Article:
1. How Louis Vuitton’s Virgil Abloh And Mercedes-Benz’s Gorden Wagener See the Future of Luxury:  “The idea of luxury is ever changing, but something that remains consistent is the notion that the things we personally perceive to be luxurious are really things that we covet.” – Read More on Forbes

2. COVID Fees Are Cropping Up at Businesses and the Majority of Consumers Are Not Happy About It: Industry experts suggest alternative routes to recoup costs, such as increasing menu prices at restaurants, a practice that most consumers likely already accept as a necessary move for businesses dealing with increased product costs. – Read More on Morning Consult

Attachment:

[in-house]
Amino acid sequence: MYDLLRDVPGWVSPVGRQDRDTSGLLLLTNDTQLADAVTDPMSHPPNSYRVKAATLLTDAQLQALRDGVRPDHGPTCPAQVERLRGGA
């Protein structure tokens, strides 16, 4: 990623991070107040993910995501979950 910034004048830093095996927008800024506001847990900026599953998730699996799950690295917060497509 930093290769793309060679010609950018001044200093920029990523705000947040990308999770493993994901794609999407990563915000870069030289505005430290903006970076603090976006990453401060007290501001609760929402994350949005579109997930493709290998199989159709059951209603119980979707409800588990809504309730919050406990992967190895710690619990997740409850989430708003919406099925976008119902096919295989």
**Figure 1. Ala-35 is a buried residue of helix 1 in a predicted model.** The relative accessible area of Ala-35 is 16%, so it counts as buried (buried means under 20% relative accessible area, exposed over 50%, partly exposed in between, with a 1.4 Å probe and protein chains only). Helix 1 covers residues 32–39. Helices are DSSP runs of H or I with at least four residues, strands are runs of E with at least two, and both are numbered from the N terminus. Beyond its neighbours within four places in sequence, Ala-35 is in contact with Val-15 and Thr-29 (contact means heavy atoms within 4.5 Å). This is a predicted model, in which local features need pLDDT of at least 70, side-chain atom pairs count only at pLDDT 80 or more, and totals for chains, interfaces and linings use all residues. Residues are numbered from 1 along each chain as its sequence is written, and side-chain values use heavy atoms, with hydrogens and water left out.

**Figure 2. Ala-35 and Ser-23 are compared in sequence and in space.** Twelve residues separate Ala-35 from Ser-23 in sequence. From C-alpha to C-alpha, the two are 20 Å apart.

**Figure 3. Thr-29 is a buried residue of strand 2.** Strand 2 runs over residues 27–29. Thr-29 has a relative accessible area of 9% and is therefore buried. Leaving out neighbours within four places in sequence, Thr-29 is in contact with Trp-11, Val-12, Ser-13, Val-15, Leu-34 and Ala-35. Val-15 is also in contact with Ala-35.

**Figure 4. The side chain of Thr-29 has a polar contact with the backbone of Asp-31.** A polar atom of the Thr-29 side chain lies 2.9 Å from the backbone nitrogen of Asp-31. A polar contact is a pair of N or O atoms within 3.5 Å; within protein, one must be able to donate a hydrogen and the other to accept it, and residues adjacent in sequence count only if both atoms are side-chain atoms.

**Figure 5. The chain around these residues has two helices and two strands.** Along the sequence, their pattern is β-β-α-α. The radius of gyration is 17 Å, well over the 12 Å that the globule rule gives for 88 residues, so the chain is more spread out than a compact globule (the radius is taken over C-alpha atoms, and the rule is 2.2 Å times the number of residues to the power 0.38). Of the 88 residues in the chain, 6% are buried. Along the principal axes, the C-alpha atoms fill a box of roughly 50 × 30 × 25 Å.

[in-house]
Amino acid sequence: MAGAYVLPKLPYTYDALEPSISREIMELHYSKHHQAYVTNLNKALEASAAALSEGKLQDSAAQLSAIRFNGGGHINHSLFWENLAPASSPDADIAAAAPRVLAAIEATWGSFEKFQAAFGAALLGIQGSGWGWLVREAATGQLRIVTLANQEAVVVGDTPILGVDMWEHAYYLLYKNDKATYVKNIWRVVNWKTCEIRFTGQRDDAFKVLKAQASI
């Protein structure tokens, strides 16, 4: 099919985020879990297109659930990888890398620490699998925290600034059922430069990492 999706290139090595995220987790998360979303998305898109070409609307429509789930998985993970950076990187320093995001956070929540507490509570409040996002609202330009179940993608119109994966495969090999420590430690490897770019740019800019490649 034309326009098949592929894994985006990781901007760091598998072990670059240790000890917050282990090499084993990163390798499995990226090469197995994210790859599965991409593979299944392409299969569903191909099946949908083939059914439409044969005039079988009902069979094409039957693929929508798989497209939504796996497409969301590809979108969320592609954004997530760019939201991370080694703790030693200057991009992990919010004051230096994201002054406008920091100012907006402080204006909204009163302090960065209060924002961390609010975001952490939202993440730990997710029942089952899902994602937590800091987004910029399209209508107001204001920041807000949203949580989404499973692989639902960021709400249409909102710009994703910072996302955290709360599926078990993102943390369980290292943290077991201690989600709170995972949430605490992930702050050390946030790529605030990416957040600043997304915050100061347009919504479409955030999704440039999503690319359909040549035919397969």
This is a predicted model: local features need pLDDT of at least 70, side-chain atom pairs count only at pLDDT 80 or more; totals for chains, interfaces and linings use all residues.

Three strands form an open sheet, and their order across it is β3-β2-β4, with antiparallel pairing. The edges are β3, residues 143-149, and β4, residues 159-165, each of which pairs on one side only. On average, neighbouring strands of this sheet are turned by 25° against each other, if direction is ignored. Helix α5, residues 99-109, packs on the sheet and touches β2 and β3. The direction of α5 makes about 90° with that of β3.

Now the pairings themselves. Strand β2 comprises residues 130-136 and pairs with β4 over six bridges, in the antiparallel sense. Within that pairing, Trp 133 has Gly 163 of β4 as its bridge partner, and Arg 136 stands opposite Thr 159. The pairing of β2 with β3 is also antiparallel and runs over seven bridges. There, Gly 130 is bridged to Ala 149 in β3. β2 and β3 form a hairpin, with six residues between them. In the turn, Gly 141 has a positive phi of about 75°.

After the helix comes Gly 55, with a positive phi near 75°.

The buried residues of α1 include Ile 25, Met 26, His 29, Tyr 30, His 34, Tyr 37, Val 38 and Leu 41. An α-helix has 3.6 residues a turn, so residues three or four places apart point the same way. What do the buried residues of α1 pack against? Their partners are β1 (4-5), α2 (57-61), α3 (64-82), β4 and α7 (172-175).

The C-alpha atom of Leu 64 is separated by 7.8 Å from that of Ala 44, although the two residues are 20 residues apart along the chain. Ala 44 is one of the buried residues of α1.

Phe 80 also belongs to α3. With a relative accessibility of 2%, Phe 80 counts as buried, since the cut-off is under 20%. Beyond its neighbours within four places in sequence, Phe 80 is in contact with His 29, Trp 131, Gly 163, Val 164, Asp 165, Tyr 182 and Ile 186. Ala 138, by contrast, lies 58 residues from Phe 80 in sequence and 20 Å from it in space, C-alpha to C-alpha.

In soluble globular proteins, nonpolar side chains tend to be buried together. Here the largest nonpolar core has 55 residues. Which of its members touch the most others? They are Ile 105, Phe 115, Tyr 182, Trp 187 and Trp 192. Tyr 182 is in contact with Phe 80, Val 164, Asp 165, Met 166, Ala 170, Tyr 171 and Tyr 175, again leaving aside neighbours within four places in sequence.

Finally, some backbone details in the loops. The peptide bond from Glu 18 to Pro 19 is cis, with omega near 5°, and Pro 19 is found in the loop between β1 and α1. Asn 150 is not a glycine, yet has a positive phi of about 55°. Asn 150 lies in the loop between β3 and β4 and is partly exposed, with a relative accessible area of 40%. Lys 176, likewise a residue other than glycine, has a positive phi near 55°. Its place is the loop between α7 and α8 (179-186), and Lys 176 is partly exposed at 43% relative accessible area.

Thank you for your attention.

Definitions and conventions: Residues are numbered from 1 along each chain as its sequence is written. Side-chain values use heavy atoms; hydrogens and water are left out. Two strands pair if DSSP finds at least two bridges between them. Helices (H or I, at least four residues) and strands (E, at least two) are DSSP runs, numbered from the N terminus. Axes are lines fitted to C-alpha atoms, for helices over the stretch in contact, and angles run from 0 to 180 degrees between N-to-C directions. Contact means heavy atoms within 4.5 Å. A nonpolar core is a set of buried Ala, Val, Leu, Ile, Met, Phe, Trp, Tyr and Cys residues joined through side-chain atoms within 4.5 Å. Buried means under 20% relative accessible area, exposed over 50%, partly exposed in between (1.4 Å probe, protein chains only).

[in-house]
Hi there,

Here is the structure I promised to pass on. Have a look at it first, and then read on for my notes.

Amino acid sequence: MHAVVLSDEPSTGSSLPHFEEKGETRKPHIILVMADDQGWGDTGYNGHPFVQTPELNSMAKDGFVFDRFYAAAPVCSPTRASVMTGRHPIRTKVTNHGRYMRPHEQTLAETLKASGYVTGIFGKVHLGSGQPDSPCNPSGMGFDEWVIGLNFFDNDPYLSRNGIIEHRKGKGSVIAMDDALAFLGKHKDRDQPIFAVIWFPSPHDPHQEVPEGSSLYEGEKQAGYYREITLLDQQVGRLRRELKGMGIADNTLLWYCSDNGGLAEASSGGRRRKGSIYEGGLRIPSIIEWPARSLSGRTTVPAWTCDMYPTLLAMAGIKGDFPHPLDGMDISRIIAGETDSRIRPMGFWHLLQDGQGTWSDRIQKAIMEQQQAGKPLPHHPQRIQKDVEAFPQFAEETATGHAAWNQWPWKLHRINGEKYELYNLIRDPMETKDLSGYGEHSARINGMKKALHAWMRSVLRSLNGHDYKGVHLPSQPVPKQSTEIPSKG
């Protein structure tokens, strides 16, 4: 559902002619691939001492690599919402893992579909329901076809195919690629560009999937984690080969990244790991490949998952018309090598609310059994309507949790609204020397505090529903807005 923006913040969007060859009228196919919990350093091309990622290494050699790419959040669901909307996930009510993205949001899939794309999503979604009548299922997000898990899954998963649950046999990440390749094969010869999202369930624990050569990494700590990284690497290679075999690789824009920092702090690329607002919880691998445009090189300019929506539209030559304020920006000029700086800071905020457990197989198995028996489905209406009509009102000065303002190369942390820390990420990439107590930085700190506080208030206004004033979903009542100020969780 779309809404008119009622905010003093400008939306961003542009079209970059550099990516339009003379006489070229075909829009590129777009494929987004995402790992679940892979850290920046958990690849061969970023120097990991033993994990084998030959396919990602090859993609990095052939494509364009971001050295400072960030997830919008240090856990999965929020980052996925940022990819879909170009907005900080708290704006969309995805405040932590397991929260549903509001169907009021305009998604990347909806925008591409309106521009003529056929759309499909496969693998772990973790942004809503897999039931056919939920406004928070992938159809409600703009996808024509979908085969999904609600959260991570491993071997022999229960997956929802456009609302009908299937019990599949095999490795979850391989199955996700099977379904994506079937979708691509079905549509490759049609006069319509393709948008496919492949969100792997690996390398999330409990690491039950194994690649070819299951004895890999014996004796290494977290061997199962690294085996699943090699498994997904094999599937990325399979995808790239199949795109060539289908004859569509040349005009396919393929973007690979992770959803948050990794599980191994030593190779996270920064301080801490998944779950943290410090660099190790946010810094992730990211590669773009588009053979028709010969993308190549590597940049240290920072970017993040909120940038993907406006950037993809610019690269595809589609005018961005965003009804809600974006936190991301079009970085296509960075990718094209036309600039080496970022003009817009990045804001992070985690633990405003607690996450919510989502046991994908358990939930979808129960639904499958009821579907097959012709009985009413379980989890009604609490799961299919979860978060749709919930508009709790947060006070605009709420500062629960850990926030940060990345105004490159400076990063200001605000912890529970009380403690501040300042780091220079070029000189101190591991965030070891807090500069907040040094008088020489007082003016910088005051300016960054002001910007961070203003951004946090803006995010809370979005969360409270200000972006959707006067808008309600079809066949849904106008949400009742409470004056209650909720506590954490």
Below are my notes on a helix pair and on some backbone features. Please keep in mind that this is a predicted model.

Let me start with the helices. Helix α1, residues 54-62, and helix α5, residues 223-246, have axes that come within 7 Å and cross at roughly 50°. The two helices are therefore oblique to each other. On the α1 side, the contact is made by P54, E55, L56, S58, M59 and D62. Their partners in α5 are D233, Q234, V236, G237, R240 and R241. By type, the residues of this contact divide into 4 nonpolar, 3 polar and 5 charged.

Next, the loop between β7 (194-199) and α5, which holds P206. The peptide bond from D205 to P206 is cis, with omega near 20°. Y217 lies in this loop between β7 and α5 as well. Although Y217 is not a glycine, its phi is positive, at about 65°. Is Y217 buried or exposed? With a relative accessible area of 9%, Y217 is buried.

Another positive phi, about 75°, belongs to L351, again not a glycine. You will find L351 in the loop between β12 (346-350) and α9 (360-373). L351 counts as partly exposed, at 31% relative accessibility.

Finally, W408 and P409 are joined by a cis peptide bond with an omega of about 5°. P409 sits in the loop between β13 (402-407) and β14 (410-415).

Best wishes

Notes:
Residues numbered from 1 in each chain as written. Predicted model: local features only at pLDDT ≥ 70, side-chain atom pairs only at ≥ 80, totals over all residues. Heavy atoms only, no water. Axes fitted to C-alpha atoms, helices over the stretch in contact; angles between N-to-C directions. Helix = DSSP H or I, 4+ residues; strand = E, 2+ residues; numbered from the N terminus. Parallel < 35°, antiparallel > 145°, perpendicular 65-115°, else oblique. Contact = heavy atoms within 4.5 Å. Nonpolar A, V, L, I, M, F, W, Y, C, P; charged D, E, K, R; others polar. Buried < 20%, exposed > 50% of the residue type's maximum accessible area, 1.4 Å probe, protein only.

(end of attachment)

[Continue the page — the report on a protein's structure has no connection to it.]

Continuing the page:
3. Critical Steps Luxury Brands Must Take To Rebound From COVID-19: Service needs to be “branded.” That means a company needs to have full clarity on what the brand stands for and then authentically deliver brand values in a differentiating way through the service experience. If this is done right, the service will feel uniquely different, whether it’s a store owned by Louis Vuitton, Dior, Gucci, or Balenciaga. – Read More on Jing

4. Retail on pace for the most bankruptcies and store closures ever in one year, BDO says: By BDO’s measure, bankrupt retailers alone have announced nearly 6,000 store closings this year, more from January through mid-August “than the record 9,500 stores that closed throughout 2019,” and most of them in malls. – Read More on Retail Dive

5. Asian rivers are turning black. And our colorful closets are to blame: “Every season we know that the fashion industry needs to highlight new colors.” But “each time you have a new color you’re going to use more, new kinds of chemicals and dye stuffs and pigments and catalysts.” – Read More on CNN